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What Aspects of Letters of Recommendation Predict Performance in Medical School? Findings From One Institution

DeZee, Kent J. MD, MPH; Magee, Charles D. MD, MPH; Rickards, Gretchen MD, MPH; Artino, Anthony R. Jr PhD; Gilliland, William R. MD; Dong, Ting PhD; McBee, Elexis DO, MPH; Paolino, Nathalie DO, MPH; Cruess, David F. PhD; Durning, Steven J. MD, PhD

doi: 10.1097/ACM.0000000000000425
Research Reports

Purpose: To study medical students’ letters of recommendation (LORs) from their applications to medical school to determine whether these predicted medical school performance, because many researchers have questioned LORs’ predictive validity.

Method: A retrospective cohort study of three consecutive graduating classes (2007–2009) at the Uniformed Services University of the Health Sciences was performed. In each class, the 27 students who had been elected into the Alpha Omega Alpha (AOA) Honor Medical Society were defined as top graduates, and the 27 students with the lowest cumulative grade point average (GPA) were designated as “bottom of the class” graduates. For each student, the first three LORs (if available) in the application packet were independently coded by two blinded investigators using a comprehensive list of 76 characteristics. Each characteristic was compared with graduation status (top or bottom of the class), and those with statistical significance related to graduation status were inserted into a logistic regression model, with undergraduate GPA and Medical College Admission Test score included as control variables.

Results: Four hundred thirty-seven LORs were included. Of 76 LOR characteristics, 7 were associated with graduation status (P ≤ .05), and 3 remained significant in the regression model. Being rated as “the best” among peers and having an employer or supervisor as the LOR author were associated with induction into AOA, whereas having nonpositive comments was associated with bottom of the class students.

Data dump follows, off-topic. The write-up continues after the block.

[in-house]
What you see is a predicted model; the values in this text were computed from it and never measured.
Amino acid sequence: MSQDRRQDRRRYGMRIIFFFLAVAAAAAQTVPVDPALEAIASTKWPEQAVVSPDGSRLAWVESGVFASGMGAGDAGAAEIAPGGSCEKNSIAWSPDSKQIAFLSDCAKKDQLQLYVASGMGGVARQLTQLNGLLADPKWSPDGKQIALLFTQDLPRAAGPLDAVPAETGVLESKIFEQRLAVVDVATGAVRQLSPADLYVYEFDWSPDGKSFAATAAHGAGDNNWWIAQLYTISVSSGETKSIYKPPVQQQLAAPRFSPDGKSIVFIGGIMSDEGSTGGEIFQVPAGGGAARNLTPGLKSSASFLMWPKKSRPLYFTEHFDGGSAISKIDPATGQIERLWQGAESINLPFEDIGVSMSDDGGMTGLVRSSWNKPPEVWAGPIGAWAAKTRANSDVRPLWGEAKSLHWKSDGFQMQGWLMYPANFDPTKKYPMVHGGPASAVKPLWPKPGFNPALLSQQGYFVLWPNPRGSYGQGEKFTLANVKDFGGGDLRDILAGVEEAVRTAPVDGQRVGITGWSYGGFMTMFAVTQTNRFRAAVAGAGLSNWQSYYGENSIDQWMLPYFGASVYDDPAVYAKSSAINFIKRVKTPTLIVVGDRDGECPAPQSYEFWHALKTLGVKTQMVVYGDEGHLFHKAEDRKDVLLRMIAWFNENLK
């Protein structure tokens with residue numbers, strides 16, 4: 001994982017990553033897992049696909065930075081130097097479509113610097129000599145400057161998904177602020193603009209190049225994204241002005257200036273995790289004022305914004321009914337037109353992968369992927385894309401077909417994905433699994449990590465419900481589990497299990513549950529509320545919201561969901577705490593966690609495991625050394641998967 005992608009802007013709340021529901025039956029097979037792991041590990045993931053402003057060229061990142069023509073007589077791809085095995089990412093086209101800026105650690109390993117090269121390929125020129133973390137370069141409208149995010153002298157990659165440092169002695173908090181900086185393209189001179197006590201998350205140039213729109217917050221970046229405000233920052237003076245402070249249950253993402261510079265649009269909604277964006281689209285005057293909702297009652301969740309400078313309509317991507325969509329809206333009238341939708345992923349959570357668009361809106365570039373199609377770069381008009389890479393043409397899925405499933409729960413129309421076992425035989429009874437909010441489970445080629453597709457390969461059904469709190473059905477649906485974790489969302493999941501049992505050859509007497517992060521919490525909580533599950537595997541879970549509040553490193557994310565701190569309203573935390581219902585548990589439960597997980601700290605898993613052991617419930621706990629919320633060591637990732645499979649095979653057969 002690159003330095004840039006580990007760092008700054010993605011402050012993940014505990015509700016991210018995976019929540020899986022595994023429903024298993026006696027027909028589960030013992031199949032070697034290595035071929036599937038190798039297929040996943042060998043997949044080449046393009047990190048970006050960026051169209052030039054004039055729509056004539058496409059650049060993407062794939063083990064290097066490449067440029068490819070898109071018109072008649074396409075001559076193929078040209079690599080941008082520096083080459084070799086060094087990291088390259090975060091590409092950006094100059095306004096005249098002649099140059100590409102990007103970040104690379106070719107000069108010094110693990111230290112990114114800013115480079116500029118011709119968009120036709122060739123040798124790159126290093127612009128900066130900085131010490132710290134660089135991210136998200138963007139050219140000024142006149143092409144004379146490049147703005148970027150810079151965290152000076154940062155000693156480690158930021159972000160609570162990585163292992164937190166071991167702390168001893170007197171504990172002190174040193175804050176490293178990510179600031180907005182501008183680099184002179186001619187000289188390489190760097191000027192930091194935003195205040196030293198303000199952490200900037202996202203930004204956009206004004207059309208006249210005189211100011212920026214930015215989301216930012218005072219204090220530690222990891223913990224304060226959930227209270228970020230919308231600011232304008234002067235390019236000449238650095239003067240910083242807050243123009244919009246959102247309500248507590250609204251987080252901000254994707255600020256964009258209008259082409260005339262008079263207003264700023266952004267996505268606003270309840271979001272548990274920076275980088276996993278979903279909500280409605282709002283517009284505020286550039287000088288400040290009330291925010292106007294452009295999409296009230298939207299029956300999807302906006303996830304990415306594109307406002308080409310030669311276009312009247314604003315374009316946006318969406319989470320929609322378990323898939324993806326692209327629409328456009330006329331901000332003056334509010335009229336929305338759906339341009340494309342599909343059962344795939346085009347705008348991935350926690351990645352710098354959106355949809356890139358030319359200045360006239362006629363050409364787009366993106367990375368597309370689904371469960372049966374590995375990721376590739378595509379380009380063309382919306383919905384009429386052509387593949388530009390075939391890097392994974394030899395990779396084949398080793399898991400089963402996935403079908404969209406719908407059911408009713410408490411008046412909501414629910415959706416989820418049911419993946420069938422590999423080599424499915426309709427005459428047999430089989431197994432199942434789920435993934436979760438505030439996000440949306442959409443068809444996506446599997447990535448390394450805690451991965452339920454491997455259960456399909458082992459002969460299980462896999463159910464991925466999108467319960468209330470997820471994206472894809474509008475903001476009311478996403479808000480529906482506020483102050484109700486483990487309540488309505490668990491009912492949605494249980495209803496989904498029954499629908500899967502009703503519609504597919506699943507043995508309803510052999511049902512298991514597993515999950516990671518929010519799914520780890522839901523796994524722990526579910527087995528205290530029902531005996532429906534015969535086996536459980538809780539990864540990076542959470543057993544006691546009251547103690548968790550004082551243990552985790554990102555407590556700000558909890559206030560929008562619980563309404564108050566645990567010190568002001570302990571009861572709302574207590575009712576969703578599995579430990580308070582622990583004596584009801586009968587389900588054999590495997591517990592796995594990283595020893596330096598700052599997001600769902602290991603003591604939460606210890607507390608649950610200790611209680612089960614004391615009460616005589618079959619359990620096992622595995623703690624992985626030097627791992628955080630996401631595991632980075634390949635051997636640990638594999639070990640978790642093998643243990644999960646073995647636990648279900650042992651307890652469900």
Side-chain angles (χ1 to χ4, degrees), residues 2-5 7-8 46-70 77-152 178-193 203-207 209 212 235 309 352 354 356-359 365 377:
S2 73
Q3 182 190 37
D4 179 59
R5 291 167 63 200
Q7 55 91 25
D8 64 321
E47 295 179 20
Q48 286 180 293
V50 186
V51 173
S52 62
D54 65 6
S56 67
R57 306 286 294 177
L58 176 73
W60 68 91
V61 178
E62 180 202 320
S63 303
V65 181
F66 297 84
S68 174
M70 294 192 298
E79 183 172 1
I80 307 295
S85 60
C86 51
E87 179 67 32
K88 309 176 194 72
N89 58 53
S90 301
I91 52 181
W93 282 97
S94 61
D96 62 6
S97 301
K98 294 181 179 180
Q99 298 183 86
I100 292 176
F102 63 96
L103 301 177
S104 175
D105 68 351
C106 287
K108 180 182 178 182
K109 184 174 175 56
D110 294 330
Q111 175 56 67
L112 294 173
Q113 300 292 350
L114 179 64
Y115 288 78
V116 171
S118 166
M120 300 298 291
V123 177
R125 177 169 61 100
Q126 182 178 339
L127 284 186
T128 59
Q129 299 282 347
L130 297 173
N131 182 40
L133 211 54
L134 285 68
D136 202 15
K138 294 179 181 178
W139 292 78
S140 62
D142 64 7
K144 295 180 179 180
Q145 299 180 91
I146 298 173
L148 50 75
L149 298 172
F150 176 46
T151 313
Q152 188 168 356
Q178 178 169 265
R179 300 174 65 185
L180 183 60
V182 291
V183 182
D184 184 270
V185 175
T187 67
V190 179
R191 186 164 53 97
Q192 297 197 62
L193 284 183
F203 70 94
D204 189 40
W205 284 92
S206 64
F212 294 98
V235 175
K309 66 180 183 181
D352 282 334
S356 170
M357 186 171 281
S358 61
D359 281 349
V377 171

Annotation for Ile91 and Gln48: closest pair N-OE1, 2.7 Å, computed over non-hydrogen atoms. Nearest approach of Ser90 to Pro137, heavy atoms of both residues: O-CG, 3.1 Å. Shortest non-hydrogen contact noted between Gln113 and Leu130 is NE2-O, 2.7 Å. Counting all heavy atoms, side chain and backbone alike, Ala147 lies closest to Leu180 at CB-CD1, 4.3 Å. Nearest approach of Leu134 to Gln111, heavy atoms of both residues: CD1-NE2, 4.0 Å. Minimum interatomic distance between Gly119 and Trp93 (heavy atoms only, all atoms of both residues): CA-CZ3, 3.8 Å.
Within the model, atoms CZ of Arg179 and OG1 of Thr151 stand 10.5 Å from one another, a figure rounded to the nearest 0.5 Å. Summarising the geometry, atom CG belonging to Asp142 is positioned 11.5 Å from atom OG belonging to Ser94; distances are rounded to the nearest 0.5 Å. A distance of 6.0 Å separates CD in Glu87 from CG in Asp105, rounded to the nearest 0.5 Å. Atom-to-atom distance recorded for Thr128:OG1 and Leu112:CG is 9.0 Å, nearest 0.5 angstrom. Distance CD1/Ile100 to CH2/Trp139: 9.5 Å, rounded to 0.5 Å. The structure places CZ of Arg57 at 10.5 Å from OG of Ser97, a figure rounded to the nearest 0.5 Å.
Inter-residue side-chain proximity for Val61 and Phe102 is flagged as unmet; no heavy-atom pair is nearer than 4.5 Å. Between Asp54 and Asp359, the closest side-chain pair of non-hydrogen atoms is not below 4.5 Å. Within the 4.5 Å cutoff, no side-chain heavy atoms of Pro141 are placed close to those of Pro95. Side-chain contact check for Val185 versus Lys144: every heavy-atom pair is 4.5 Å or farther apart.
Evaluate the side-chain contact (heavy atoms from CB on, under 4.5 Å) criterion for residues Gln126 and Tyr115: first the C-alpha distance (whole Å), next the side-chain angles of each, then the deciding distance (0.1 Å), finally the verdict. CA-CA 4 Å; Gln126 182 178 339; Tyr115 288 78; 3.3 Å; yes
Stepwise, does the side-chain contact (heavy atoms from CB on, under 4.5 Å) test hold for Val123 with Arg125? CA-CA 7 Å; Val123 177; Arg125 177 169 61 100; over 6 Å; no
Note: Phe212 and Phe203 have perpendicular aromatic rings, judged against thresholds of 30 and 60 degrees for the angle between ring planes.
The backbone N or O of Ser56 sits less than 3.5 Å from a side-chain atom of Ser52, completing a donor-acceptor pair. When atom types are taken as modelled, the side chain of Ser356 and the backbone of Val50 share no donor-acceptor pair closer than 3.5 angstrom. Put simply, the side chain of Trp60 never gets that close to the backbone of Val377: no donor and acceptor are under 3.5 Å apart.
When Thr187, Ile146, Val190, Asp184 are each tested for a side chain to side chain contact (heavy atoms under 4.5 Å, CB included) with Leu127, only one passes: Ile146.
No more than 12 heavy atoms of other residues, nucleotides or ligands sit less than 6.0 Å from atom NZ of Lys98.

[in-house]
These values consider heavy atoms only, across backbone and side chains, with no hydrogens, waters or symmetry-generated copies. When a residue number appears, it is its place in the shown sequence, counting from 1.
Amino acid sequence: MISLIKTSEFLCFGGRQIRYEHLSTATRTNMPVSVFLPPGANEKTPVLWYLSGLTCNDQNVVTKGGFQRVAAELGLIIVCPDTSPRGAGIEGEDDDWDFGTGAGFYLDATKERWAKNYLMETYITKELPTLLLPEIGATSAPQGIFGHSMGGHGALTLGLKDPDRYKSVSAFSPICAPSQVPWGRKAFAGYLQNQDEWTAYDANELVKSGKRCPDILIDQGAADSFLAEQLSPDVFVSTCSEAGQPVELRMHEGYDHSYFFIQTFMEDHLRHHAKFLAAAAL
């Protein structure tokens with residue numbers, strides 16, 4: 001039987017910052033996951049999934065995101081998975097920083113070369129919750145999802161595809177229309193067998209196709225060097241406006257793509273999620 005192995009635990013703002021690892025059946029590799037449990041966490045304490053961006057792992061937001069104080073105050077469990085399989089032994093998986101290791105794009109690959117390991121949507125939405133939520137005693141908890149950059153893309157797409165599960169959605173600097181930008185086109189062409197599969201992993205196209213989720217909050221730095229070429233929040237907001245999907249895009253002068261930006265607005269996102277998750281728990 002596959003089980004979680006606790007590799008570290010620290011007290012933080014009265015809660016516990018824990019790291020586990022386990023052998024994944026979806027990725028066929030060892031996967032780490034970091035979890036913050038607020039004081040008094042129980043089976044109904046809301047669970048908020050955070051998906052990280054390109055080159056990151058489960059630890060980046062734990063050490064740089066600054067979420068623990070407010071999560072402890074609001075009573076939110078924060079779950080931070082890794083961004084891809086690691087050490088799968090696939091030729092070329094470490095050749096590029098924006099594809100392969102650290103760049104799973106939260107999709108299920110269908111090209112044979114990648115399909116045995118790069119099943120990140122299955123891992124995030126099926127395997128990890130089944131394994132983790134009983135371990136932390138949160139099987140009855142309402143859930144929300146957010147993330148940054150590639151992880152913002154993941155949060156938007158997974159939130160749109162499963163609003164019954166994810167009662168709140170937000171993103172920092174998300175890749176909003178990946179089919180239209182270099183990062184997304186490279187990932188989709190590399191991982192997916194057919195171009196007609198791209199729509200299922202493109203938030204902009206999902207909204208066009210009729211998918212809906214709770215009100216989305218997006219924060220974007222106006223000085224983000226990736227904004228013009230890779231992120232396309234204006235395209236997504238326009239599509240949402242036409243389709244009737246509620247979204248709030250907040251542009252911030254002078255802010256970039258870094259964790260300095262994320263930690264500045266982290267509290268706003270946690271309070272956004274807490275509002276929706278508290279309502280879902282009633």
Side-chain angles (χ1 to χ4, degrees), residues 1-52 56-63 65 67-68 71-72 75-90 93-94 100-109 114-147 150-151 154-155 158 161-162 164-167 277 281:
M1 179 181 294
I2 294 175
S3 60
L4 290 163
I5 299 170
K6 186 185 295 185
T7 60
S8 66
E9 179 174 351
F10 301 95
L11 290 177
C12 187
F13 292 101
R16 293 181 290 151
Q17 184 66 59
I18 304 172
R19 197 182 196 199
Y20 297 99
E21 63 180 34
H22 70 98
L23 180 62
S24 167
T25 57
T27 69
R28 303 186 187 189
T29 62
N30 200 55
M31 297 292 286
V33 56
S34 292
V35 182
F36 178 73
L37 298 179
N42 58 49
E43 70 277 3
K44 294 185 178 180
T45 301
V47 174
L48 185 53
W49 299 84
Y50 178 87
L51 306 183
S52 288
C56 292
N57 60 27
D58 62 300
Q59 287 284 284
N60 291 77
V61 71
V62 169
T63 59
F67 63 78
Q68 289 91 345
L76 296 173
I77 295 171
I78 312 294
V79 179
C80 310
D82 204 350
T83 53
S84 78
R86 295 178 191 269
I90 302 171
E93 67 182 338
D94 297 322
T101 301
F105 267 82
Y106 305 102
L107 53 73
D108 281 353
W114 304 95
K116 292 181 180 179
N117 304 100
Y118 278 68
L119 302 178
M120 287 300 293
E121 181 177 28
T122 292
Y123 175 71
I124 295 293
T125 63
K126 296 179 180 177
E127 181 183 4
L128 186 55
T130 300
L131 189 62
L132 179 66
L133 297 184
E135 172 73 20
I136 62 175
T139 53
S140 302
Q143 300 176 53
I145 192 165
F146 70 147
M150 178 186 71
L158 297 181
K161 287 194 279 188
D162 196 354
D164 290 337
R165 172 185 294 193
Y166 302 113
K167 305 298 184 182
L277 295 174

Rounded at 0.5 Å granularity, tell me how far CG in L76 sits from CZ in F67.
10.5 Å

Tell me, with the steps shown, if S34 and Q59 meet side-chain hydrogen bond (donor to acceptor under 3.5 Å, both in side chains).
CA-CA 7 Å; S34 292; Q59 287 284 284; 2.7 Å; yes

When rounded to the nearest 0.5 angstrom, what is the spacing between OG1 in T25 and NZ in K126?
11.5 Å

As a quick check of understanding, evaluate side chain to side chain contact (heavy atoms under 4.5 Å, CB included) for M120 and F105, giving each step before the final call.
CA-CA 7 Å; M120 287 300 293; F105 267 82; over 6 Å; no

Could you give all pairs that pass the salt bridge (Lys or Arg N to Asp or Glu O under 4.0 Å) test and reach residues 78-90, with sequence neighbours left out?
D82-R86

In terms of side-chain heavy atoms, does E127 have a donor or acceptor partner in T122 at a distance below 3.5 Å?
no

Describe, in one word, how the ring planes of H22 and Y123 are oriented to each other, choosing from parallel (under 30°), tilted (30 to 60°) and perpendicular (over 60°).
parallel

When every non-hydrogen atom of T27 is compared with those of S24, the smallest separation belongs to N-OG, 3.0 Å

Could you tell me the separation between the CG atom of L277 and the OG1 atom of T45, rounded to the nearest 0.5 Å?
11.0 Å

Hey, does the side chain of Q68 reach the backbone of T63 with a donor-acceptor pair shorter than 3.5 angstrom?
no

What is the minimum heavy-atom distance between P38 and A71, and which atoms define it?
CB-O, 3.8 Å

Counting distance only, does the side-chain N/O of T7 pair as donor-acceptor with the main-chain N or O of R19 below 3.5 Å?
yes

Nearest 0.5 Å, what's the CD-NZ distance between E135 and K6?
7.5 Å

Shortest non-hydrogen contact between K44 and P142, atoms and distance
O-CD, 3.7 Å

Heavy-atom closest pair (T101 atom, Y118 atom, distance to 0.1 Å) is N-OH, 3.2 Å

Conclusions: LORs have limited value to admission committees, as very few LOR characteristics predict how students perform during medical school.

Dr. DeZee is associate professor of medicine, Uniformed Services University of the Health Sciences, Bethesda, Maryland.

Dr. Magee is assistant professor of medicine, Uniformed Services University of the Health Sciences, Bethesda, Maryland.

Dr. Rickards is assistant professor of medicine, Uniformed Services University of the Health Sciences, Bethesda, Maryland.

Dr. Artino is associate professor of preventive medicine and biometrics, Uniformed Services University of the Health Sciences, Bethesda, Maryland.

Dr. Gilliland is professor of medicine, Uniformed Services University of the Health Sciences, Bethesda, Maryland.

Dr. Dong is assistant professor of medicine, Uniformed Services University of the Health Sciences, Bethesda, Maryland.

Dr. McBee is assistant professor of medicine, Uniformed Services University of the Health Sciences, Bethesda, Maryland.

Dr. Paolino is assistant professor of medicine, Uniformed Services University of the Health Sciences, Bethesda, Maryland.

Dr. Cruess is professor of preventive medicine and biometrics, Uniformed Services University of the Health Sciences, Bethesda, Maryland.

Dr. Durning is professor of medicine and pathology, Uniformed Services University of the Health Sciences, Bethesda, Maryland.

Funding/Support: This study was supported by an intramural grant from the Dean’s Educational Endowment Fund, F. Edward Hébert School of Medicine, Uniformed Services University of the Health Sciences, Bethesda, Maryland.

Other disclosures: None reported.

Ethical approval: The authors obtained IRB approval from the Uniformed Services University.

Disclaimer: The views expressed in this paper are those of the authors and do necessarily represent the views of the Uniformed Services University, the Department of Defense, or other federal agencies.

Previous presentations: This research was presented as a poster at the annual meeting of the Society of General Internal Medicine, Denver, Colorado, April 25, 2013.

Correspondence should be addressed to Dr. DeZee, 4301 Jones Bridge Rd.–EDP, Bethesda, MD 20814; telephone: (301) 319-2369; fax: (301) 319-8240; e-mail: kent.dezee@usuhs.edu.

© 2014 by the Association of American Medical Colleges